Freedom's Frightening Uncertainties


London. -- From the streets of Moscow to the debate about U.S.-Mexican commercial relations, people are flinching from the consequences of accelerating change.

The 10th decade of this century of rampant statism has now seen fighting in Moscow, the city that was, from 1917 through 1991, capital of the most virulent statism. The uprising by Boris Yeltsin's enemies has been partly the fury of the old communist ruling class, and partly rekindled nationalism, a facet of the old tribalism resurgent in what no longer is spoken of as "the new Europe." What unites Mr. Yeltsin's enemies is rejection of the uncertainties and fluidities of freedom.

Marx thought communism would be the final stage in mankind's passage from feudalism through capitalism and then socialism, to the end of history. Actually, communism was the rebirth of feudalism's melding of economic and political life. Today the pressure for the expansion of politics into the economic sphere is mounting in many places.

The acceleration of technological change, and intensified competition in the global economy, are provoking reactions against freedom even in societies which, unlike Russia, have much experience with the stresses that freedom occasions.

In Russia, and elsewhere in Europe, the new anxieties might result in the recovery of the left (old communists, and socialists pursuing their old goal of autarky). Or the anxieties might fuel the rise of the right, promising the consolations of ethnic solidarity and nationalism. Or the left and right may together produce a hybrid with dark precedents: national socialism.

Even the world's most fortunately situated nations, the politically stable and economically advanced nations of the North Atlantic community, are showing signs of stress.

Some of the rationales for the rise of the welfare state came from two 19th century conservatives, Disraeli and Bismarck. They hoped that government provisions for economic security, such as unemployment insurance and pensions, would reconcile people to the vicissitudes and hazards of life in dynamic, competitive, entrepreneurial market economies. But today welfare-state arrangements are making people ambivalent about open economic systems.

Nations as different as China, Indonesia and Poland are being swept into the global economy, with competitive consequences unpleasant for developed nations with high wages and low pain thresholds. In some emerging nations the cost of labor is less than 5 percent of the cost, including wages and benefits, in Germany. (About half of Germany's labor costs of $27 an hour result from taxes for welfare-state entitlements.) Emerging nations push developed economies like Germany's toward areas low labor-intensity. This need not be unfortunate in the long run; short run, it can be painful.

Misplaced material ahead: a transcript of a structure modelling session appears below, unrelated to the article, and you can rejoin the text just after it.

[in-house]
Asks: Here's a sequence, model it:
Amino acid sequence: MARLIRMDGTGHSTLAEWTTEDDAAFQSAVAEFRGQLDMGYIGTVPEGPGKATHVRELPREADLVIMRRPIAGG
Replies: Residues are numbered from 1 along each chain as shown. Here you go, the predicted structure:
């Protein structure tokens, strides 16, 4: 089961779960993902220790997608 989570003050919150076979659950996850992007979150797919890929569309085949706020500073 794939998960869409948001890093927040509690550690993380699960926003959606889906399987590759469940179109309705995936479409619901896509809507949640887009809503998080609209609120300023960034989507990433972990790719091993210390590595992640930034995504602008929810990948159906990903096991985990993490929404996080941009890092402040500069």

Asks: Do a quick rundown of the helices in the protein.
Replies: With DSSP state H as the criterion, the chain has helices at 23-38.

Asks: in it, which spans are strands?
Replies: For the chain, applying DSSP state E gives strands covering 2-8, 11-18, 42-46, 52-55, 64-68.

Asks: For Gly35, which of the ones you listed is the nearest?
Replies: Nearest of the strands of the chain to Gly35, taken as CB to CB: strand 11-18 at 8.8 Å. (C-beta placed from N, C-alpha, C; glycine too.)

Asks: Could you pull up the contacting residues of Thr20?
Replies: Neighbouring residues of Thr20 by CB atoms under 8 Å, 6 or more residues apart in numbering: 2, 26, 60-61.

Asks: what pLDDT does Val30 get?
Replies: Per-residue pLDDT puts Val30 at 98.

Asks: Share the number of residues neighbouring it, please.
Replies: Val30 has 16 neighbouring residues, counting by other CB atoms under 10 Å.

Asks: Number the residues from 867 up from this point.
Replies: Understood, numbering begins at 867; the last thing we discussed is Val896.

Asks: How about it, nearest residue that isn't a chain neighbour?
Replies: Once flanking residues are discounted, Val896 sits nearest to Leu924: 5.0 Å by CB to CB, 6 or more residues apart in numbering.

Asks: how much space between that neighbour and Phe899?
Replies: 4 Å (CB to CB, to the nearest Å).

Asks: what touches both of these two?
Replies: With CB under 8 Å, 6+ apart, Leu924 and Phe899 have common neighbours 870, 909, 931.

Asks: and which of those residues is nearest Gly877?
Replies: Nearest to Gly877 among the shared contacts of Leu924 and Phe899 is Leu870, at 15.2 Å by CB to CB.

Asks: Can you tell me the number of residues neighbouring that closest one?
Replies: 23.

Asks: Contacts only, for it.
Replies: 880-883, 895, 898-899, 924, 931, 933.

In welfare states where wages and benefits stay high, one result of the entry of new nations into the global economy may be protracted unemployment. Western Europe's unemployment now exceeds 10 percent -- almost 20 percent among people under 25. Hence Europe's rising xenophobia, hostility to immigration, violence against immigrants, and pressure for protectionism.

Clive Crook, deputy editor of The Economist, notes that through almost all of human history the average rate of economic growth each year has been, to the nearest round number, zero. In light of that, 2 percent annual growth, which would double output in 35 years, may seem splendid. But in many developed welfare states, 2 percent growth now seems both too little and too much.

It is too little for political peace -- too little to fund welfare-state entitlements for aging populations. But democratic political systems cannot easily sustain the social dislocations involved in achieving the economic dynamism required for sustained growth of better than 2 percent.

Britain's James Goldsmith, one of the world's most successful men of business, said here recently that there are, around the world, 3.1 billion people working on the land. If all agriculture were brought to the mechanical and scientific sophistication of Australian and Canadian agriculture, 2 billion of those people would move to cities.

The movement of people from low-productivity rural employment to high-productivity urban employment has driven the material betterment of mankind for two centuries. But, says Goldsmith, urbanized societies that already are worried about the fraying of their social fabrics will not tolerate the sort of wrenching social change the modern world might dish out in the form of mass movements of populations and the abrupt obsolescence of many jobs.

The reflex of flinching, of seeking to freeze the status quo, poses the problem of contemporary politics. The challenge, in Moscow and Washington and elsewhere, is to make freedom palatable for those who, with reason, find it frightening.

George F. Will is a syndicated columnist.

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